years. Further auditors are prohibited to from
rendering services of accounting and book
keeping, internal audit, design and
implementation of management information
system, actuarial services, investment
advisory or investment banking services, any
outsourced financial or management services.
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Corporate Social responsibility (CSR):
Every company fulfilling any one of the

criteria: Net Worth of Rs.500 cr. Or Turnover


of Rs.1000 cr or net profit of Rs.5 cr, should
spend 2% of average net profit of last three
years on projects of social welfare listed in
Schedule VII of the Companies Act. Further
the Board is required to have CSR policy
and also have CSR committee for
implementing and monitoring CSR policy of
the company.
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Listing Requirements: Overview:
SEBI Guidelines : Cir. Dated 17th April ,2014:
Objectives of the guidelines/ principles:
A. Rights of shareholders
B. Role of Stakeholders
C. Disclosures & Transparency
D. Responsibilities of the Board

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Disclosure of Information
Functions of Board
Composition of Board

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Independent Directors
D. Board committees
E. Code of Conduct
F Whistle Blower Policy

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A. Rights of Shareholders:
The company should seek to protect and

facilitate the exercise of shareholders rights :


Right to participate in and to be informed on,
decisions concerning fundamental corporate
changes
Opportunity to participate and vote in general
meetings of shareholders
To be informed of the rules including procedures
that govern general shareholders meetings
Opportunity to ask questions to the Board
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Participate in key corporate governance decisions such as

the nomination and election of the board members


Exercise of ownership rights of shareholders including
institutional shareholders
Adequate mechanism to address grievances of shareholders
Minority shareholders to be protected.
Timely and adequate information : on date ,location and
agenda of the meeting.
Timely and adequate information on capital structure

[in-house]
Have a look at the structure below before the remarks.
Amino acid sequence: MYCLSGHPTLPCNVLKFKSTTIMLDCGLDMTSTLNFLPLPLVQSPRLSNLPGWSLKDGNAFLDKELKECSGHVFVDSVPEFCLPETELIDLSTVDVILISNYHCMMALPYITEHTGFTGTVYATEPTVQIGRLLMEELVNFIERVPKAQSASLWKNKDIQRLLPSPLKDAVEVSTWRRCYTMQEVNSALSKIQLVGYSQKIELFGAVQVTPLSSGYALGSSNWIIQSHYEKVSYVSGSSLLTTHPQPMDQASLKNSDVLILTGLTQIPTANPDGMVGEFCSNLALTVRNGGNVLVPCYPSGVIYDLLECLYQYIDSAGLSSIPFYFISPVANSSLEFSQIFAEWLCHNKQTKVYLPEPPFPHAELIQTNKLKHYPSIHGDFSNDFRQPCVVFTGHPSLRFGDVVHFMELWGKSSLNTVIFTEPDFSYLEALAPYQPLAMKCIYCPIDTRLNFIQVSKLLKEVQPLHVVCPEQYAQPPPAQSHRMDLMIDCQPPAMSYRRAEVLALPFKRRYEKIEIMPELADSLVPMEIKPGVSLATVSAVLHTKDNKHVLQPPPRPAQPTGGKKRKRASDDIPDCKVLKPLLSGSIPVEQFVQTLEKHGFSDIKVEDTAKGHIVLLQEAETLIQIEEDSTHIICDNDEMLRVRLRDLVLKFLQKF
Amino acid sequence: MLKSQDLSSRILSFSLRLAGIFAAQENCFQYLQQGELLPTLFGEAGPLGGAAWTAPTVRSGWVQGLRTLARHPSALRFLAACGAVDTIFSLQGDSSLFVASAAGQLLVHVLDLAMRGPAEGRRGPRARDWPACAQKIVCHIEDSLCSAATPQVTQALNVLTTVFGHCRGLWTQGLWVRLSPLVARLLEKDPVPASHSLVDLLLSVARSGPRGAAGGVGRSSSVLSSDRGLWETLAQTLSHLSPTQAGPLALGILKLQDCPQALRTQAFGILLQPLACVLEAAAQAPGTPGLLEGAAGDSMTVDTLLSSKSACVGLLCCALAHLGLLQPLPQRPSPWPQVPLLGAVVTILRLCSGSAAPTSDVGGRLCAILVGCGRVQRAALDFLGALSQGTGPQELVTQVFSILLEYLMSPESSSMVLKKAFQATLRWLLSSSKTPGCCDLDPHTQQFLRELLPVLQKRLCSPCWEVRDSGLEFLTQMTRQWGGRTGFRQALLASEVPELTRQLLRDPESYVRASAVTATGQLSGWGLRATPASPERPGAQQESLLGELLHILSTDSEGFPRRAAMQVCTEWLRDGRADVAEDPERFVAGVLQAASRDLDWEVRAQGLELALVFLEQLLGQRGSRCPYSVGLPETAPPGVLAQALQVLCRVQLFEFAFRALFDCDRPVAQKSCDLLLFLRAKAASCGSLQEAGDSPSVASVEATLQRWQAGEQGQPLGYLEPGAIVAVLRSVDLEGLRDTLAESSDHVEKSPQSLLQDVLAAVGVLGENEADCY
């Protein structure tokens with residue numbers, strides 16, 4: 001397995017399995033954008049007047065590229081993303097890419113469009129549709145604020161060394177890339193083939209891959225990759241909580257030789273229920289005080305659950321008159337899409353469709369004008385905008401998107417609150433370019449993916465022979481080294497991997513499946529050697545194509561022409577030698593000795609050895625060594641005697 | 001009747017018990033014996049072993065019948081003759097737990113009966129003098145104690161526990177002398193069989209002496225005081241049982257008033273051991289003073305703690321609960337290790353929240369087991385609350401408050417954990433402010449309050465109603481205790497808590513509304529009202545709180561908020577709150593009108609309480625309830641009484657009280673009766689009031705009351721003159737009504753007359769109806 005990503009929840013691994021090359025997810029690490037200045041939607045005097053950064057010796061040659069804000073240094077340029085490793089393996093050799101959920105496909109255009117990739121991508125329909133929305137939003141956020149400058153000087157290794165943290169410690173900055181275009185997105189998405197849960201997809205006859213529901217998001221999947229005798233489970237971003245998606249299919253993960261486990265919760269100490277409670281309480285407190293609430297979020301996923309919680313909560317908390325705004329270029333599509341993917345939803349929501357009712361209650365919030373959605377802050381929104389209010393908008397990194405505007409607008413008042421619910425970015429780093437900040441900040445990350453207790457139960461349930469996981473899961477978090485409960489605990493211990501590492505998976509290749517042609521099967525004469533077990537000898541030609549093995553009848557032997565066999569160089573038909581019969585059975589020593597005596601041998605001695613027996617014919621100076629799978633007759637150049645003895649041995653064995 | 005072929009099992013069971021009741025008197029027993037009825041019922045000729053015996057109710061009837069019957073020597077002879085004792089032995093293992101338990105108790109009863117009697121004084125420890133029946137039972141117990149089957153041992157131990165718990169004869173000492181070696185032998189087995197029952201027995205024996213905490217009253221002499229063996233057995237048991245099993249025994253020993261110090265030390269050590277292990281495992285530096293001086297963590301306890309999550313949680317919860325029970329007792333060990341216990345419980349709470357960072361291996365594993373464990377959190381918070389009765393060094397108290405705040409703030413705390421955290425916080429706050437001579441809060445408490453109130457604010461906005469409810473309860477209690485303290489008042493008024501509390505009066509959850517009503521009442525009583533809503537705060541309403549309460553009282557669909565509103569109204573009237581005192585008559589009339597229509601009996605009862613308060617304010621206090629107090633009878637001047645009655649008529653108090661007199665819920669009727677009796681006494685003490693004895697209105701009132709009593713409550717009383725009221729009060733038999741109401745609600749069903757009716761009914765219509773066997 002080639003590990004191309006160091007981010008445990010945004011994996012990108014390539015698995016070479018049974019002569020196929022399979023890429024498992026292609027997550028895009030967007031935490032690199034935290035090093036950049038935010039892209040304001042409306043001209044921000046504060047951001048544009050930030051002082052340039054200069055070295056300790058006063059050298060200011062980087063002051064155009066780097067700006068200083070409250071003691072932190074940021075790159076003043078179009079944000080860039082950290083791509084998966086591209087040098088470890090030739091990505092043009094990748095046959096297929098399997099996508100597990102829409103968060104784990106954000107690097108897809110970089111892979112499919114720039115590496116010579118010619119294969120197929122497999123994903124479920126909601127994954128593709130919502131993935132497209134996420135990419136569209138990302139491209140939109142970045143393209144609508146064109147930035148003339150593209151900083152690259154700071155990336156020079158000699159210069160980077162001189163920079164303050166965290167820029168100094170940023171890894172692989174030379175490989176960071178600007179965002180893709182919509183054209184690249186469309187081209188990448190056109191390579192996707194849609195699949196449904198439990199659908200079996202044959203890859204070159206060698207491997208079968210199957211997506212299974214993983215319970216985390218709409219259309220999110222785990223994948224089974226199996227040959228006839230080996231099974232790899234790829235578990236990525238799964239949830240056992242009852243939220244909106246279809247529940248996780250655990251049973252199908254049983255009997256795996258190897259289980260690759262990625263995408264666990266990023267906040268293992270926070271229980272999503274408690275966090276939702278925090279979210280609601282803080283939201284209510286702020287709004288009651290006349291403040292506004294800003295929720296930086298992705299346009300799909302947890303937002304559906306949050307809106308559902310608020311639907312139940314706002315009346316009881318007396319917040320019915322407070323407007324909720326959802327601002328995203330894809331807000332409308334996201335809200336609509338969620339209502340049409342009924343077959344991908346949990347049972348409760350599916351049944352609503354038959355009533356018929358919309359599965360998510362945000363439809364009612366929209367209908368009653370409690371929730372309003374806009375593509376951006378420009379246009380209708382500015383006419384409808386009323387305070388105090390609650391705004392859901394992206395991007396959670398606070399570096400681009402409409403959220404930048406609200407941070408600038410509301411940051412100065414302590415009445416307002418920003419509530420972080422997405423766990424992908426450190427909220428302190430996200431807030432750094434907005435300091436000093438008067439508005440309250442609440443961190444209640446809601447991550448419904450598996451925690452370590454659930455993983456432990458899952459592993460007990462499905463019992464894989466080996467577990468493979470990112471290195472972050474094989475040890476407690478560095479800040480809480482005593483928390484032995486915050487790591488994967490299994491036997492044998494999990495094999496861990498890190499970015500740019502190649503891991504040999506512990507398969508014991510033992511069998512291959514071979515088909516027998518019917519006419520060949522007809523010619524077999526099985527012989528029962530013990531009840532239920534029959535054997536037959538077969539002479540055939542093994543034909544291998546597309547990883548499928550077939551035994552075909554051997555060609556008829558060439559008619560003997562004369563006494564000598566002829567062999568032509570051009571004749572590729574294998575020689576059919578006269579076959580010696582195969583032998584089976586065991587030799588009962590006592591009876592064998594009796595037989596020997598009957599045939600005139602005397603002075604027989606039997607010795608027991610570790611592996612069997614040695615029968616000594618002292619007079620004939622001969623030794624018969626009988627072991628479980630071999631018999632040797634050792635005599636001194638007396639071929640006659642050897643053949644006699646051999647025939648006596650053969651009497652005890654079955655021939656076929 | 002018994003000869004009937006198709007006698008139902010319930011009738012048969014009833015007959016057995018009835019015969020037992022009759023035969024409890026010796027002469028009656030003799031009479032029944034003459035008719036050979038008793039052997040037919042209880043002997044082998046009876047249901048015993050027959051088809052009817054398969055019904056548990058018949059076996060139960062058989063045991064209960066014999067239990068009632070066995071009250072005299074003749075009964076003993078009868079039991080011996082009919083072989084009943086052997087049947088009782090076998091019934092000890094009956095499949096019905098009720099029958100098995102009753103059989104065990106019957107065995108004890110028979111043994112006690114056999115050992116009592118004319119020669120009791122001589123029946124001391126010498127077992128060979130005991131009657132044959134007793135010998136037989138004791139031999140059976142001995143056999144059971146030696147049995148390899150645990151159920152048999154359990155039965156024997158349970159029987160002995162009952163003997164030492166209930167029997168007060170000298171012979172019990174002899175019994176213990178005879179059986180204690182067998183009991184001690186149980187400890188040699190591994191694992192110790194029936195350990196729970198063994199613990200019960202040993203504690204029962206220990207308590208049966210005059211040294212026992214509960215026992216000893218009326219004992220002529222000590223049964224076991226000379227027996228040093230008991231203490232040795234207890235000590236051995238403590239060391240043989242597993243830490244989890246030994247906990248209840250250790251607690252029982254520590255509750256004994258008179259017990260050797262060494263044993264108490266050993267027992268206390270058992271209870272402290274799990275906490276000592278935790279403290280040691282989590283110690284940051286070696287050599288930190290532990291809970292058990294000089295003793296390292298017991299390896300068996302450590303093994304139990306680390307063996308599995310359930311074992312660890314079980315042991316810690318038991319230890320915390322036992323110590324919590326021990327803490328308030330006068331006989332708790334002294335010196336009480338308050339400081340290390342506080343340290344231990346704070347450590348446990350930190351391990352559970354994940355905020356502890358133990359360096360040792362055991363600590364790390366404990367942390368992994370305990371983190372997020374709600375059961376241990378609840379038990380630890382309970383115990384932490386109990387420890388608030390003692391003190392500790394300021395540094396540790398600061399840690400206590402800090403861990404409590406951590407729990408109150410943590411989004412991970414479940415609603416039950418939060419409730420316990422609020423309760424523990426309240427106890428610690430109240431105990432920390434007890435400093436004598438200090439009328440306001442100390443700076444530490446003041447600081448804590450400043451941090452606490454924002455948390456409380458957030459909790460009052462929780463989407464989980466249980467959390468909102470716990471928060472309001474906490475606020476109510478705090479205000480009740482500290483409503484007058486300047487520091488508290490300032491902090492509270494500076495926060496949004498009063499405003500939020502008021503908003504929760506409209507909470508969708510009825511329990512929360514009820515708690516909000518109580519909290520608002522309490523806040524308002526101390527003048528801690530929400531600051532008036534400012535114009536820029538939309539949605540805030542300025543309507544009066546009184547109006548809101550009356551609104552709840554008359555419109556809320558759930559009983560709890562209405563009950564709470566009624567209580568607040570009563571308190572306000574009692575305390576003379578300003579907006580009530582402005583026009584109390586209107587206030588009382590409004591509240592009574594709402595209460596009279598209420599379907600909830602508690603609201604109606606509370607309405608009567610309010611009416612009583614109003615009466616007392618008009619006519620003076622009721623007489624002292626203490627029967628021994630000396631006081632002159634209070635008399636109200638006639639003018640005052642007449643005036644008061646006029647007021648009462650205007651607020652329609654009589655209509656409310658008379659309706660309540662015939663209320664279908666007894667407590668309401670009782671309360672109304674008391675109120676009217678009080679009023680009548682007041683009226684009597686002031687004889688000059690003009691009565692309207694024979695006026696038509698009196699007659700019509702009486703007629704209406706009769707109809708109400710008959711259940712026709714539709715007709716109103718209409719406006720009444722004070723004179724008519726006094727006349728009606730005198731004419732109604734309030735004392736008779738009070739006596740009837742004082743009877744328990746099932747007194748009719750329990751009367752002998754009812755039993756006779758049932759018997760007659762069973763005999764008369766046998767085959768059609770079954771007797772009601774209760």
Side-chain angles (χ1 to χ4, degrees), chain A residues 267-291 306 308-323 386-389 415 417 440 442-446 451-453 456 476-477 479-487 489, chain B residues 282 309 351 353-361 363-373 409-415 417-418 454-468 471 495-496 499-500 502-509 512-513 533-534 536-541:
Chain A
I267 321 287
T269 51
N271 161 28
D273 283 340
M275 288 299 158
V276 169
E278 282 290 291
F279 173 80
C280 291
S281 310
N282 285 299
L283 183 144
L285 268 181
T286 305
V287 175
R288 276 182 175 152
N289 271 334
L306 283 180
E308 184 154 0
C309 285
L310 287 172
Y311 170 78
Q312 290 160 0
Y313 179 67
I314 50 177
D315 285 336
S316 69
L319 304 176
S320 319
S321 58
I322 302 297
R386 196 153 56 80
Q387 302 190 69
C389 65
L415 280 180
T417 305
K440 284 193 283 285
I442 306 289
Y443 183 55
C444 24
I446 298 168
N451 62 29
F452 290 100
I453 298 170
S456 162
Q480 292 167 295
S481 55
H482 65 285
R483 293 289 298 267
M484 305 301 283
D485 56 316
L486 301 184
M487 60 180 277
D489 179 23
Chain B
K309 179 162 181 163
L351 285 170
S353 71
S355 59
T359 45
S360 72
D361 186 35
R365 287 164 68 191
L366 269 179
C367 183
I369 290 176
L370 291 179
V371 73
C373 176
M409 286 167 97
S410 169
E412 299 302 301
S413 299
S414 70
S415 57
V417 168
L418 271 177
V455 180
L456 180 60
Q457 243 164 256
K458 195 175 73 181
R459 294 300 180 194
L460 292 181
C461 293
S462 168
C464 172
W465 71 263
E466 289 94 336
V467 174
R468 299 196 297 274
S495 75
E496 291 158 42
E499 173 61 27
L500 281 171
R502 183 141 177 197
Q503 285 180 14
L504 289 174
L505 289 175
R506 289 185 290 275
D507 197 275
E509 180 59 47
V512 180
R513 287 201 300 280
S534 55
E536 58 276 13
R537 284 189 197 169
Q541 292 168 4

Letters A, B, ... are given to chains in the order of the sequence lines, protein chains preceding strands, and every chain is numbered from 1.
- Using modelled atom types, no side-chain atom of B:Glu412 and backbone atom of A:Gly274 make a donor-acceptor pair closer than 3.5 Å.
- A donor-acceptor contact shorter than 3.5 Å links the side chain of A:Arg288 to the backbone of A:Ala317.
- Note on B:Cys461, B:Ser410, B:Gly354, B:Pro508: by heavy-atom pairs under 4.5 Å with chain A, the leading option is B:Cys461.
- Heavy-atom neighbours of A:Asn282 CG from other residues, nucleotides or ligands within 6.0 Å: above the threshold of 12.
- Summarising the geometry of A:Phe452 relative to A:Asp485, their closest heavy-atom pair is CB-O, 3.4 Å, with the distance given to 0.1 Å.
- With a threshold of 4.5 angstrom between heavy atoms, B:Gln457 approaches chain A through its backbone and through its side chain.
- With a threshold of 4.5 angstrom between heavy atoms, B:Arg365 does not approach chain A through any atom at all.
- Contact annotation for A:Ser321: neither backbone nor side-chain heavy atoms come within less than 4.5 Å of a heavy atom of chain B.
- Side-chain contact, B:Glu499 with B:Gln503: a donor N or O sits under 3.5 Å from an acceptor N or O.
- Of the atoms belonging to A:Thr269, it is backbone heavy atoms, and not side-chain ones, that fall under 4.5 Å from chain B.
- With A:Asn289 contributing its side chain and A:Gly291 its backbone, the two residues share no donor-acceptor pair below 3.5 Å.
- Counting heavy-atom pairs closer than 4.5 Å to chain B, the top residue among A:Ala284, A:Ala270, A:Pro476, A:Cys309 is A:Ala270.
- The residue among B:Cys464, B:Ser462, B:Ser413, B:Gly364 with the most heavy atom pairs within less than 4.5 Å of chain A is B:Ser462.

arrangements that enable certain shareholders to obtain a
degree of control disproportionate to their equity ownership
Info on rights attached to all shares classes of shares before
the issue

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The company should ensure equitable treatment to all

shareholders including minority and foreign


shareholders
B. Role of stakeholders in corporate Governance:
Rights of stakeholders established by law and through
mutual agreements are to be respected.
Stakeholders to have opportunity obtain effective
redress for violation of their rights.
Company should encourage employee participation
Access to relevant , sufficient and reliable information
on timely and regular basis
Effective whistle blower policy

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C. Disclosure and Transparency :
All material matters including financial

position, performance, ownership and


governance of the company.
Information to be in accordance with
standards of accounting, financial and non
financial disclosues

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D. Responsibilities of the Board :
1. Disclosure of information by the

members of the Board: whether they


have directly or indirectly or on behalf of
third parties, a material interest in any
transaction or matters affecting the
company.
Maintain operational transparency to
stakeholders at the same time maintaining
confidentiality of information
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2. Key Functions of the Board:

A. Reviewing and guiding Corporate

strategy, major plans, setting performance


objectives, monitoring implementation and
corporate performance and overseeing major
capital expenditure , acquisitons and investments.
B. Monitoring the effectiveness of companys
governance practices and making changes as
needed.
C. Selecting, compensating, monitoring and
when necessary, replacing key executives and
succession planning.
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D. Aligning key executives and board remuneration

with larger term interests of company and its shareholders.


E. Ensuring a transparent board nomination process
with diversity of thought, experience, knowledge
,perspective and gender in the board.
F. Managing and monitoring potential of conflicts of
interest of management
G. Ensuring the integrity of the companys
accounting and financial reporting systems including the
independent audit
H. Overseeing the process of disclosure and
communications
I . Monitoring and reviewing Board Evaluation
Framework.
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3. Composition of the Board :
The Board of Directors shall have an optimum

combination of executive and non executive


directors with at least one woman director and
not less than 50% the directors comprising non
executive directors.
Where chairman is non executive director , at
least 1/3rd of the Board should be comprise of
should comprise independent directors and in
case Board does not have regular non executive
Chairman, at least one half of the Board should
comprise of independent directors.
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4. Independent Directors:
Independent director means a non executive director

other than nominee director of the company.